started calling me up with every damn fleabite, instead of thinking them
      out like he used to do. But I've carried us off the point. What did
      Shapley's labors turn up?"

      "For one thing," I answered, "the heavens extend much farther than
      astronomers previously thought. For another, we're not at the center,
      and more than our planet is at the center of our solar system. Our sun
      seems to be casually dropped at the outskirts of an enormous,
      disk-shaped gathering of stars, called a galaxy, containing every star
      our eyes can see and a hundred billion more. Before Shapley, astronomers
      thought our sun was at the center of this galaxy. But the center is far
      off, in the direction of Sagittarius. The dimensions of the whole this
      are fantastic. If our solar system were the size of a dime, then the
      galaxy would be the size of Tennessee."

      My great-grandfather let out a whistle. "I can't imagine anything that
      large. But being off center could have its advantages," he offered. "It
      might keep us from getting too stuffed with ourselves. And what's out
      past the galaxy?"

      "Other galaxies, with a lot of mostly empty space in between. As far as
      our telescopes can see, there are galaxies. Picture yourself gliding
      through the depths of the universe. You come to a flotilla of stars, all
      huddled together. That's a galaxy. After you've left the first galaxy
      far behind, so it's a tiny white patch of fuzz in the dark, you come to
      another huddling of stars. That's another galaxy. You pass one galaxy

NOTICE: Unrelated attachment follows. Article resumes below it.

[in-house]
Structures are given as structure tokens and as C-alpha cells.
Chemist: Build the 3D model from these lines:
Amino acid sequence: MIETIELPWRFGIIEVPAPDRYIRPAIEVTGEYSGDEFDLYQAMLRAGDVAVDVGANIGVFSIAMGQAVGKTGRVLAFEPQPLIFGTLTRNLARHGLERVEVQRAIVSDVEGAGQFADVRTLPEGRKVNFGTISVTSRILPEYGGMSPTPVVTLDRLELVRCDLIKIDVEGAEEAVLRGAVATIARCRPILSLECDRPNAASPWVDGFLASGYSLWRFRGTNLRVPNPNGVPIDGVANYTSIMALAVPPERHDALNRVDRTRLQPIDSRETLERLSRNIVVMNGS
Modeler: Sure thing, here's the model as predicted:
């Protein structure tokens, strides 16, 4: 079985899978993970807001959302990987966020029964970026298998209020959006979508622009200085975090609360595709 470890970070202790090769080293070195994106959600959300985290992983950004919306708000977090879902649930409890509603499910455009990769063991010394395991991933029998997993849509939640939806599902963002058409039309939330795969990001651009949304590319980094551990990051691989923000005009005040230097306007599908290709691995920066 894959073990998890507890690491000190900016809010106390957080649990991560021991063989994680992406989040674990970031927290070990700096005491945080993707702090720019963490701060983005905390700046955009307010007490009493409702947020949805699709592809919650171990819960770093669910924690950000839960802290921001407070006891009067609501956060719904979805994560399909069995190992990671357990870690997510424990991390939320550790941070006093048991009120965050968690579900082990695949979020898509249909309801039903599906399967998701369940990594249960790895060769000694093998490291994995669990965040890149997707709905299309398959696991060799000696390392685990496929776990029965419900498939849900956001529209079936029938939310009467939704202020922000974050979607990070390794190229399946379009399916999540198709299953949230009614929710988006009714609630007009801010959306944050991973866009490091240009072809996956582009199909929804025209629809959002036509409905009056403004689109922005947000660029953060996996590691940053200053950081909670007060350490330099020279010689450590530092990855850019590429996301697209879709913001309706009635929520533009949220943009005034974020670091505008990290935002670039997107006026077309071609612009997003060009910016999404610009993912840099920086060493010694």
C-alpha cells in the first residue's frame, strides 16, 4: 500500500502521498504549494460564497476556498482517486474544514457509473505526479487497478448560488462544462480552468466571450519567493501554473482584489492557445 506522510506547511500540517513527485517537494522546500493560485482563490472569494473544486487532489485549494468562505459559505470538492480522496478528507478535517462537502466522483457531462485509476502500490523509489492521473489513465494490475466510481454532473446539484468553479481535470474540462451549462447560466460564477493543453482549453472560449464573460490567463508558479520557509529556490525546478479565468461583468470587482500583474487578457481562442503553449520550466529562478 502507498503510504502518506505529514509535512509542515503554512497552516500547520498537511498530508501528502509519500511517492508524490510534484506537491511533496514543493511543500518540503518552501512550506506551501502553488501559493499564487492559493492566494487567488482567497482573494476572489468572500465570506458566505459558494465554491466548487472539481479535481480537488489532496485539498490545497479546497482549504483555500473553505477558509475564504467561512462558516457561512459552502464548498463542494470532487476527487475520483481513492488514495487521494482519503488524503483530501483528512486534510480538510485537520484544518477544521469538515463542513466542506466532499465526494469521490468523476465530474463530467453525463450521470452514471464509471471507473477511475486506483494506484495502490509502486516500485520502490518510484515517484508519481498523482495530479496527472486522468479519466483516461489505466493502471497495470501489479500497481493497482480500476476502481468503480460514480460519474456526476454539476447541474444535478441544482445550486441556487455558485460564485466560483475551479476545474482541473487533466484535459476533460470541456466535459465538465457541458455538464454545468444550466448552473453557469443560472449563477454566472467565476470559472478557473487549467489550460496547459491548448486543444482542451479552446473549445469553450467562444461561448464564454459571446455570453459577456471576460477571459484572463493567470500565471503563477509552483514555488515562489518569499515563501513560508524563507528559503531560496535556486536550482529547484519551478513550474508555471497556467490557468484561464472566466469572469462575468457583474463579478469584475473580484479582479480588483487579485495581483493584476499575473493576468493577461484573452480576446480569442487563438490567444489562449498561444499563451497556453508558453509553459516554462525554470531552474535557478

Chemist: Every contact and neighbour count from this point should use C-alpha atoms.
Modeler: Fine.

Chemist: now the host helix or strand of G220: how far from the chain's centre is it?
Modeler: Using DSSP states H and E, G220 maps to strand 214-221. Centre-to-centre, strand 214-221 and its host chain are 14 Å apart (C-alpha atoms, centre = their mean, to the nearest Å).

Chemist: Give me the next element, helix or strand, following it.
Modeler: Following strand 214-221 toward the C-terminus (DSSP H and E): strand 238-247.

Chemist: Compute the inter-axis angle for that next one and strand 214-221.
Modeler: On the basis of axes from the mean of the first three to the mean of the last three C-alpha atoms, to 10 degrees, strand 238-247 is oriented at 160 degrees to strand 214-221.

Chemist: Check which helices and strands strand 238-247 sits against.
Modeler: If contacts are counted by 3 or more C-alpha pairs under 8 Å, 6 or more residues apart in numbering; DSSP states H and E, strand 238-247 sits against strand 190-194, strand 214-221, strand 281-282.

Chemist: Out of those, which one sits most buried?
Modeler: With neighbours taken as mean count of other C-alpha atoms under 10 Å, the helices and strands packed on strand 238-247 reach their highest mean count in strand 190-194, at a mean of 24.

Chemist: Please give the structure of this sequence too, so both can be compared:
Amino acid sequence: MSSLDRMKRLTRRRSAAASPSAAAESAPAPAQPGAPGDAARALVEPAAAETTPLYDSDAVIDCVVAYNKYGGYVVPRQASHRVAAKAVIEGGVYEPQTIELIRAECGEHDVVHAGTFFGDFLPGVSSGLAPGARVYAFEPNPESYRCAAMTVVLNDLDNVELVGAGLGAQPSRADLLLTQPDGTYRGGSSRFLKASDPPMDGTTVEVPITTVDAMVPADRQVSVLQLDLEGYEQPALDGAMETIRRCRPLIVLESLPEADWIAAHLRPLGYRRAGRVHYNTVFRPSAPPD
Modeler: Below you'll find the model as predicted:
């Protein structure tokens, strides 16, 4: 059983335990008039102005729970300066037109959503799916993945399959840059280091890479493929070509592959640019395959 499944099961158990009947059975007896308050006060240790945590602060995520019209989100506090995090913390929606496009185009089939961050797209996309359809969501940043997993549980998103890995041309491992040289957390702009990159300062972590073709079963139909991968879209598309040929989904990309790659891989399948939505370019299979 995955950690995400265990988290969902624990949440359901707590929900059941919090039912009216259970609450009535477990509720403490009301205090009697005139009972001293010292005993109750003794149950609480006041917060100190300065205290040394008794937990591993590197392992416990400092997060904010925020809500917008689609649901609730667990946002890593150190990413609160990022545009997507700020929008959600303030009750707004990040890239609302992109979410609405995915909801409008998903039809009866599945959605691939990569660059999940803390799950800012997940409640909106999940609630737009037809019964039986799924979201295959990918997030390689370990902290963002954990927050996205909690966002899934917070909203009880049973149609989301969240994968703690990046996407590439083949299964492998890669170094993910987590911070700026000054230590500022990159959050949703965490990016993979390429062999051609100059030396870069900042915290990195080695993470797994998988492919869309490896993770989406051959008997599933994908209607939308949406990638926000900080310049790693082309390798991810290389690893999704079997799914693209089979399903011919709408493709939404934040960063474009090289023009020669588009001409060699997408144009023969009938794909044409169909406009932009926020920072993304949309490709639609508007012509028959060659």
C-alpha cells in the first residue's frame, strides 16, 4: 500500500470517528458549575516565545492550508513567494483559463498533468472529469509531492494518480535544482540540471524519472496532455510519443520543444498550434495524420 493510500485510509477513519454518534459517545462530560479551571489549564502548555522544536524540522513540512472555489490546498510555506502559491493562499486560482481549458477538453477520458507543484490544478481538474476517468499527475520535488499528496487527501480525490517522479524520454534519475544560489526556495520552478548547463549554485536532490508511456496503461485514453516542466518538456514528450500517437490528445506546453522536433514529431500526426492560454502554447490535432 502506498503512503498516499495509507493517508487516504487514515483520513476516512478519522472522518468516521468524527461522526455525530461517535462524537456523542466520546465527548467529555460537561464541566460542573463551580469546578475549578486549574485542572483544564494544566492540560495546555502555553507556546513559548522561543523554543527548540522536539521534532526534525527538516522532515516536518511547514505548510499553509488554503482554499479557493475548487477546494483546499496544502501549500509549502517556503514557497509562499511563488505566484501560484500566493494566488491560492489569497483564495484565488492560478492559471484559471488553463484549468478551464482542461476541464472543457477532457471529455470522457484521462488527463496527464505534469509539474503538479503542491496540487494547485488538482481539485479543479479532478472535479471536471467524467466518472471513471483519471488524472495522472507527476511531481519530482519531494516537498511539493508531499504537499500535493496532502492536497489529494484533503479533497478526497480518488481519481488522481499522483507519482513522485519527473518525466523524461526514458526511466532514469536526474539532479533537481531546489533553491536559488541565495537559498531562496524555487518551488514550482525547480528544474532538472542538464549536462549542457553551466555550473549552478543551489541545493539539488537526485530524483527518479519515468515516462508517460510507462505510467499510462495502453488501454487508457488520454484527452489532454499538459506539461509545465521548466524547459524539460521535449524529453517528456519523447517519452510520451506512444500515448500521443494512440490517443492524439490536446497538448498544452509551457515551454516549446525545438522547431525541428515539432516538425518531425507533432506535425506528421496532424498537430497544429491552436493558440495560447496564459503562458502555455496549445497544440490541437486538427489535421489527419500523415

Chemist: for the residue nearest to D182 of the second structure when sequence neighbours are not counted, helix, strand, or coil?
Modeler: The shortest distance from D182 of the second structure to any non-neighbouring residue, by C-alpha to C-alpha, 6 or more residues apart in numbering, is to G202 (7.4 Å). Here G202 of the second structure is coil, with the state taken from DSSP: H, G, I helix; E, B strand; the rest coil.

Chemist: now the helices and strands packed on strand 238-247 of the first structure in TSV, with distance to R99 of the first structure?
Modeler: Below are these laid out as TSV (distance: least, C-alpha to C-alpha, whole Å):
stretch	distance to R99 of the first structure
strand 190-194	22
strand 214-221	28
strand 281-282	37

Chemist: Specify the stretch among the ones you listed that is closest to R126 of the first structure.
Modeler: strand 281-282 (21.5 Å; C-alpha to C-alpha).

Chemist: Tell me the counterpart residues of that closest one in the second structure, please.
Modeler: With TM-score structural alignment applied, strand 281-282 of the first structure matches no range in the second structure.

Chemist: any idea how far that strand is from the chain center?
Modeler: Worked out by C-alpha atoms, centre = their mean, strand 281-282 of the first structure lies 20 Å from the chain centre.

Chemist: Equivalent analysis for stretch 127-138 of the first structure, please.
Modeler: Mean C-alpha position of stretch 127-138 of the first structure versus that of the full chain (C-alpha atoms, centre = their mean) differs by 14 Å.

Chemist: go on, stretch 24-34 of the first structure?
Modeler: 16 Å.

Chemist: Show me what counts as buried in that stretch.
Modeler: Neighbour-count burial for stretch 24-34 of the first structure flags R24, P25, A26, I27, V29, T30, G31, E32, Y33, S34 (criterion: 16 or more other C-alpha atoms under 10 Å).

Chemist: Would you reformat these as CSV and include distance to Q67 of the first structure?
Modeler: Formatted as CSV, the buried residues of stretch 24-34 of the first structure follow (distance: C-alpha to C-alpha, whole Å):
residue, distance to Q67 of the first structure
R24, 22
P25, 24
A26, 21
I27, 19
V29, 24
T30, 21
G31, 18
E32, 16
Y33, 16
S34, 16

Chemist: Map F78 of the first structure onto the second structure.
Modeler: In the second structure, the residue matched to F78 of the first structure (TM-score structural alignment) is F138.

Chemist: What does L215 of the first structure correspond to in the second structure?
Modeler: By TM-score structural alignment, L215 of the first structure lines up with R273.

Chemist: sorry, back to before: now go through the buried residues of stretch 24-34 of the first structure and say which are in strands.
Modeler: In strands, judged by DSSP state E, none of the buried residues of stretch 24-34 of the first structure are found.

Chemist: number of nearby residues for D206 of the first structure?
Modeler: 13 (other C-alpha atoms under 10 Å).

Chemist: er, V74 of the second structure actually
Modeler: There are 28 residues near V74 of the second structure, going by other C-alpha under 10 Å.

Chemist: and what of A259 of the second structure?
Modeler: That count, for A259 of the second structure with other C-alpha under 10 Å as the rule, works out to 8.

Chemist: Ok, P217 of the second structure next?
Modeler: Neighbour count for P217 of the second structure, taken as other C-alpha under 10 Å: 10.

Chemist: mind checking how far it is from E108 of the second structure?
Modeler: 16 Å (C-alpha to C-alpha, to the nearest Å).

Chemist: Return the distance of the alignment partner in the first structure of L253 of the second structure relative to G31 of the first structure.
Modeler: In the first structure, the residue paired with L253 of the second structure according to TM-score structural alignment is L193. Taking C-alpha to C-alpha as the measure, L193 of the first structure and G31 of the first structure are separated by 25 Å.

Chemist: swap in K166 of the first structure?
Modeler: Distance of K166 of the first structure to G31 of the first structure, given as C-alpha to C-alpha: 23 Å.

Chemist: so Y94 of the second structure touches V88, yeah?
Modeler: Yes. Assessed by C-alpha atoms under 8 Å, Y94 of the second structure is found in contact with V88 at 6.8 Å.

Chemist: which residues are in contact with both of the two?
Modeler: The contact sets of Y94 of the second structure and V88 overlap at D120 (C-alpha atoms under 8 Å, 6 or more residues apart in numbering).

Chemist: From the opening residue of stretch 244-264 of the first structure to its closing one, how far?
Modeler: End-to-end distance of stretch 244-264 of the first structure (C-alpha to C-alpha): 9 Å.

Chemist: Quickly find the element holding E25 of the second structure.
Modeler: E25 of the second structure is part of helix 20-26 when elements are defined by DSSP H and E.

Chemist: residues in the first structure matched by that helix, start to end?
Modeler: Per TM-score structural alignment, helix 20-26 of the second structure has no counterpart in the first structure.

after another, some shaped like pinwheels, some like spheres, some like
      nothing in particular. Then you come to your own galaxy, the Milky Way.
      you quickly search for your own sun and can hardly find it, a single
      speck lost in the billions of other specks. The Earth is invisible. Then
      you are gone and your galaxy dwindles behind you, becomes nothing. More
      galaxies come and go, come and go."

      Papa Joe had walked to the window and was looking out at the sky again.
      He stood there a long while. "And Professor Shapley," he said softly,
      "worked it out in a office somewhere, with his photographs and his good
      head. He sure was small compared to what he was thinking about. That's
      powerful faith. powerful faith."

      As Papa Joe whispered these last words, his figure grew misty and began
      to dissolve. I noticed my pipe had gone out. "Don't go," I called out.
      "There's much more I haven't told you."

      "All right. I'll be back tomorrow night," came a wisp of a voice.
      "Tomorrow night," I repeated, and then he was gone.

                               To Be Continued